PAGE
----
A new collector’s edition DVD of the biblical epic “Ben-Hur” comes not only with four discs and loads of special features, but also a Bible study guide.

“Ben-Hur,” the 1959 movie starring Charlton Heston that won 11 Academy Awards, was released Tuesday from Warner Home Video. The movie was based on the book Ben-Hur: A Tale of the Christ by Lew Wallace, and the movie itself is sometimes listed with the extended title.

The study guide that accompanies the DVD is written by Revs. Robert H. Schuller and Robert A. Schuller, co-chairmen of Crystal Cathedral Ministries.

The nine-page guide is titled “Ben-Hur: An Epic Bible Study Into the Transformational Power of God.” The Schullers note that Heston has been “a frequent guest and longtime friend” of their “Hour of Power” TV show.

“I know that he views his portrayal of Judah Ben-Hur as more than just a role,” the guide’s introduction says. “He sees Ben-Hur’s struggle as an important one to share with the world because, like Ben-Hur, all of us have to fight and overcome personal battles.”

Heston won the Best Actor Oscar for his portrayal of Ben-Hur, a Jewish nobleman in the time of Christ who becomes enslaved but rises again, being personally transformed in the experience.

The guide emphasizes (and is divided into) seven areas: God Humbles the Proud, God Cares for the Weak, God Is the God of Circumstances, God Works With the Imperfect, God Blesses the Faithful, God Exalts the Humble, and The Rest of the Story.

The guide offers suggestions for leaders, and the last two pages comprise a worksheet that may be copied and distributed to participants.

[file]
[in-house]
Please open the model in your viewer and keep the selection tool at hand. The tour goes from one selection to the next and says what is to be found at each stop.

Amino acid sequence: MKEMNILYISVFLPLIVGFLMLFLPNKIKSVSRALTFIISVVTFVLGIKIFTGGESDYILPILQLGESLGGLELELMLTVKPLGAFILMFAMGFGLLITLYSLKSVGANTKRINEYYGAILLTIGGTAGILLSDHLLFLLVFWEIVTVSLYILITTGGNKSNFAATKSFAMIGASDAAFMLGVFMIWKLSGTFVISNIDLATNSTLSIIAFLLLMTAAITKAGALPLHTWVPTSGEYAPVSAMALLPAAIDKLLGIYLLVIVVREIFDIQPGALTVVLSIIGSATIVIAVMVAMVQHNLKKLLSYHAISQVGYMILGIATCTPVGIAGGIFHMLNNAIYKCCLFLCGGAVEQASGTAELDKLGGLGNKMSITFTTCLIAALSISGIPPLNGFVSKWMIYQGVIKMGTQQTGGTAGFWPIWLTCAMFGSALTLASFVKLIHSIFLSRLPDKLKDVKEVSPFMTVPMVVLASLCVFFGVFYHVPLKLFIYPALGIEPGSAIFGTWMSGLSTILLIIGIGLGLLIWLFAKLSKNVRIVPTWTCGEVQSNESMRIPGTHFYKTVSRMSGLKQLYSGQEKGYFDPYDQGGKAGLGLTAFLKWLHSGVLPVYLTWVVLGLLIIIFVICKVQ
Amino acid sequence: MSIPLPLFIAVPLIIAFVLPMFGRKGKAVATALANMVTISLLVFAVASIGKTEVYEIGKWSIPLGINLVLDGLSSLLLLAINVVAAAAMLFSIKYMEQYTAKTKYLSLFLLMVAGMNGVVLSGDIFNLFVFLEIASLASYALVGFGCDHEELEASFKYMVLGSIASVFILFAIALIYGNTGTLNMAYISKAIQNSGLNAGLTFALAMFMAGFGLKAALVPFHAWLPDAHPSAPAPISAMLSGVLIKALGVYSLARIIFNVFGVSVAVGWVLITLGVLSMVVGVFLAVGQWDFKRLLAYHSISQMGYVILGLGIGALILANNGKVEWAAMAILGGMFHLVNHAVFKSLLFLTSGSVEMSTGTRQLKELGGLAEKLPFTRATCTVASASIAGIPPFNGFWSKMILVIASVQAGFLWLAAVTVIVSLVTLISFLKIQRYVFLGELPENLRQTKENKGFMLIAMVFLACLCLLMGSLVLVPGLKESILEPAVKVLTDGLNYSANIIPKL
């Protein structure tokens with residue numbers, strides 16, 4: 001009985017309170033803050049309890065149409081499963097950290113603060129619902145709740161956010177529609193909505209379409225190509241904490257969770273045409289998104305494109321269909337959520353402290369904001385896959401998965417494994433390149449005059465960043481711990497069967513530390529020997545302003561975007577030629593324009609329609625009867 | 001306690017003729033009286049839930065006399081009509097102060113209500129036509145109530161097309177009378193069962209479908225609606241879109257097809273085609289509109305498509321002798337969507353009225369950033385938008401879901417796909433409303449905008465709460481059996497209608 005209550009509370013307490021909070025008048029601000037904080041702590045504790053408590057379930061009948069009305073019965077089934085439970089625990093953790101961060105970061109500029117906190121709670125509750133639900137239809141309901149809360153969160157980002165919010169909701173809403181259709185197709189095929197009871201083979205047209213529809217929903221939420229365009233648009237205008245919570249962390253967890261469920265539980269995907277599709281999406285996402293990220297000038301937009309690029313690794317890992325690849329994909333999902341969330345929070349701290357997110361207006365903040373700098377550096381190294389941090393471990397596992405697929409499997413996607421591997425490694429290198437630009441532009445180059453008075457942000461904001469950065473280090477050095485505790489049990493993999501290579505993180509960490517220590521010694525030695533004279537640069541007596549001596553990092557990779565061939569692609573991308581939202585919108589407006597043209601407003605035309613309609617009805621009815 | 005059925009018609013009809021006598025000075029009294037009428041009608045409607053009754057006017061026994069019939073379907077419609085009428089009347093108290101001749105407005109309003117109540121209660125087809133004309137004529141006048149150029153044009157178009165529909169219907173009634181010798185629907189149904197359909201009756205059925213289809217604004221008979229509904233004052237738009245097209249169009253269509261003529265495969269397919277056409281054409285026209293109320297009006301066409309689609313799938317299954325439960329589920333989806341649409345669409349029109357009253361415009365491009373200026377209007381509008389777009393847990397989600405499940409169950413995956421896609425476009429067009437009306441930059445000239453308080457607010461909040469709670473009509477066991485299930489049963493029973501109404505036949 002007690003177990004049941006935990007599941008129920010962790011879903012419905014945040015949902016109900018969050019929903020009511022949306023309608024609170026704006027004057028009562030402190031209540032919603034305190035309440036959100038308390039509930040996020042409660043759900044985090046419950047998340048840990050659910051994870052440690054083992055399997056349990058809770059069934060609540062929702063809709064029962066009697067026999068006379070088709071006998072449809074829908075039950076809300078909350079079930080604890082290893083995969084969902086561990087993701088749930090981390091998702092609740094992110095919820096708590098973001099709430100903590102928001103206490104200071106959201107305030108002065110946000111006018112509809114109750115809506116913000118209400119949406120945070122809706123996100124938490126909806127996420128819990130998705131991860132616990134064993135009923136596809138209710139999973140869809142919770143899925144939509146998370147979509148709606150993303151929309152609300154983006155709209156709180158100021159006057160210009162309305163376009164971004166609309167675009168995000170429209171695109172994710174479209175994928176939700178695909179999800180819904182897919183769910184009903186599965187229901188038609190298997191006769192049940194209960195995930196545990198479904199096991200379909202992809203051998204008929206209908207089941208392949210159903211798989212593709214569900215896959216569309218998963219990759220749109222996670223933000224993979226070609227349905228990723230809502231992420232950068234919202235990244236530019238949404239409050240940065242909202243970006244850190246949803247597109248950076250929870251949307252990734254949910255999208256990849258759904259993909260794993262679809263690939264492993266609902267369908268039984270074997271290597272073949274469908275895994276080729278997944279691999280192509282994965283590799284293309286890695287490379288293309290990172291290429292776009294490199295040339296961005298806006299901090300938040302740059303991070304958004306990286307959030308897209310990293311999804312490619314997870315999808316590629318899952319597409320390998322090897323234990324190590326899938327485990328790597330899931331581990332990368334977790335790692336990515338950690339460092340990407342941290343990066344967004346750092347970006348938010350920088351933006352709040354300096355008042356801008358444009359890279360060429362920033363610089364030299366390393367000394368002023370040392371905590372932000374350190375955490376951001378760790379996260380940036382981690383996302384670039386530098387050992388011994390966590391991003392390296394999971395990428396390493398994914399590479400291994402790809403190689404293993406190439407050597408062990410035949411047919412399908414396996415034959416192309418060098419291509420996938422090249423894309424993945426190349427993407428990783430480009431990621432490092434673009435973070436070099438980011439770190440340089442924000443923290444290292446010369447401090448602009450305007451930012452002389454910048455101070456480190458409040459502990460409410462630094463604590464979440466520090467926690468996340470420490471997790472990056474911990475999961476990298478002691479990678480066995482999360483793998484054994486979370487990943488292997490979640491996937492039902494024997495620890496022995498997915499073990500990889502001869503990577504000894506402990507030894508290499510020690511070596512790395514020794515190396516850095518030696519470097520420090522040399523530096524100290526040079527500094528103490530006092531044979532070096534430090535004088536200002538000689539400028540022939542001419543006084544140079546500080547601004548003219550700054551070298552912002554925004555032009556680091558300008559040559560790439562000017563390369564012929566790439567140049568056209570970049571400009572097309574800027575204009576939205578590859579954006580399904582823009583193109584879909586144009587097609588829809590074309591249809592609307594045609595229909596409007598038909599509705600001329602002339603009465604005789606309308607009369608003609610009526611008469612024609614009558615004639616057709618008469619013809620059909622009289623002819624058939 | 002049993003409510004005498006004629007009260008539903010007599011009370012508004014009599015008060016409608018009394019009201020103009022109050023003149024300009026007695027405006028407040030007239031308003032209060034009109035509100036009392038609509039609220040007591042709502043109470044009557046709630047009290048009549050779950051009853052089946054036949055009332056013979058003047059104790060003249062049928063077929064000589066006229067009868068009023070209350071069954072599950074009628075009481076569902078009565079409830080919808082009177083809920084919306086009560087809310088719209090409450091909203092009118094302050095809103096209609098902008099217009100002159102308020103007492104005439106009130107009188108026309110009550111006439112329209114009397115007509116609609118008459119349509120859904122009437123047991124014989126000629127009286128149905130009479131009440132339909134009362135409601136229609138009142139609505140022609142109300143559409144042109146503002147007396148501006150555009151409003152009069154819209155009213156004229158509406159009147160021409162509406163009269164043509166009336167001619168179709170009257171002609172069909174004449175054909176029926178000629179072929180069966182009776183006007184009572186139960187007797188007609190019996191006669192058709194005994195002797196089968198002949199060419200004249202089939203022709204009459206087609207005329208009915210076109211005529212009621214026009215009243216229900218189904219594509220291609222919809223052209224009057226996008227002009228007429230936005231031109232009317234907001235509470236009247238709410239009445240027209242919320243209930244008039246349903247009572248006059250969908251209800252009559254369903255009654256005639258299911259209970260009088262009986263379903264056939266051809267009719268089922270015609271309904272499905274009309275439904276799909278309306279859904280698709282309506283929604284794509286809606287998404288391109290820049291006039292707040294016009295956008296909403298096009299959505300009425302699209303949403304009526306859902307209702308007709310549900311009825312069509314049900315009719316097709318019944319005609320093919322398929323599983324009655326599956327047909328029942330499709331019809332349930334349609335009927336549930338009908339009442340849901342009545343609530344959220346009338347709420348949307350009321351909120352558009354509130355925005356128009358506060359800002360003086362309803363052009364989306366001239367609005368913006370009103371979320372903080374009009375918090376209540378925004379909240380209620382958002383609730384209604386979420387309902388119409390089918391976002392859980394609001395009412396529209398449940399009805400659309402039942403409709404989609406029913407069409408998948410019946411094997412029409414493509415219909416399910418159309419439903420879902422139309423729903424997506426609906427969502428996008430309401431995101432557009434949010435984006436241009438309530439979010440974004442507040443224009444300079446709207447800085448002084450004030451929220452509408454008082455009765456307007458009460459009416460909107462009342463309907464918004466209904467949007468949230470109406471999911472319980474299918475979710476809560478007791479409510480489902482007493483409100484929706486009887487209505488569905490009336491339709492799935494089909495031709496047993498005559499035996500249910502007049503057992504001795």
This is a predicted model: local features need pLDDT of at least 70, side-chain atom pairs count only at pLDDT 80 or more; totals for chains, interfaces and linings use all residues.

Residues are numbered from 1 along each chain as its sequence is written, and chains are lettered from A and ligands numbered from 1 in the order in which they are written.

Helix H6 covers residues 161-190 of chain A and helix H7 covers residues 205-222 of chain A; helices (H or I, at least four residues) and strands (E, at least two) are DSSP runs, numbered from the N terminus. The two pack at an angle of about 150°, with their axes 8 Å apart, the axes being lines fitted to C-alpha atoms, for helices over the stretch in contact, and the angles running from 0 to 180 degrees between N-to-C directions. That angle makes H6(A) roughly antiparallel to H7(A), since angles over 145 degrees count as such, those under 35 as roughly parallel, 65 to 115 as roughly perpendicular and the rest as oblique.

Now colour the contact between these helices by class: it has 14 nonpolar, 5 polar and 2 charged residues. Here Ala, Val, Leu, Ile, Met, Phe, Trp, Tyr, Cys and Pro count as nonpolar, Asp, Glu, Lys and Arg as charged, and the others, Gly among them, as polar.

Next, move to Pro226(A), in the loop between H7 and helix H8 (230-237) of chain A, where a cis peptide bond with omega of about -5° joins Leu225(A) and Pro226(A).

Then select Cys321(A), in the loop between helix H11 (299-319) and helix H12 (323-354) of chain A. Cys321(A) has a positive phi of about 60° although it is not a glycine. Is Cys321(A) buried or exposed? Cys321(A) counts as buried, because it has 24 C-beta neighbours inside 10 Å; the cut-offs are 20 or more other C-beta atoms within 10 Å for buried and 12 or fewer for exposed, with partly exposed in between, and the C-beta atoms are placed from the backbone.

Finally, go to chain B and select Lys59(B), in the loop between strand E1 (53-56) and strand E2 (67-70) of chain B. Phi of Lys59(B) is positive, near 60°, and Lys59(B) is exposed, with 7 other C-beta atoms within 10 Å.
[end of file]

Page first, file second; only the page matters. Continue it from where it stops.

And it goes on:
A phone message left at Crystal Cathedral Ministries seeking comment from the Schullers was not returned.

The special edition DVD is a mammoth product. The film’s 222 minutes take up the first two discs, leaving the other two to offer multiple special features. Disc three features the 1925 silent version of “Ben-Hur,” accompanied by Carl Davis’ orchestral score.

Disc four comes with a variety of features. Noteworthy among them are two documentaries: one, on the film’s influence, features filmmakers Ridley Scott and George Lucas; the other chronicles the film’s making and is narrated by Christopher Plummer.

Also included are screen tests, a newsreel gallery and footage from the 1960 Oscar ceremony. Additionally, viewers have the option of watching the film with commentary from film historian T. Gene Hatcher, as well as limited commentary from Heston.

Director William Wyler shot the movie on 65mm film, one of the widest formats known. It allowed for spectacular panoramic shots and action sequences, the most famous of which is the chariot race that used 15,000 extras on an 18-acre set outside Rome. It took five weeks to shoot.

A standard edition DVD of “Ben-Hur” was released one year ago.

Cliff Vaughn is culture editor for EthicsDaily.com.

The DVD’s official Web site is here.

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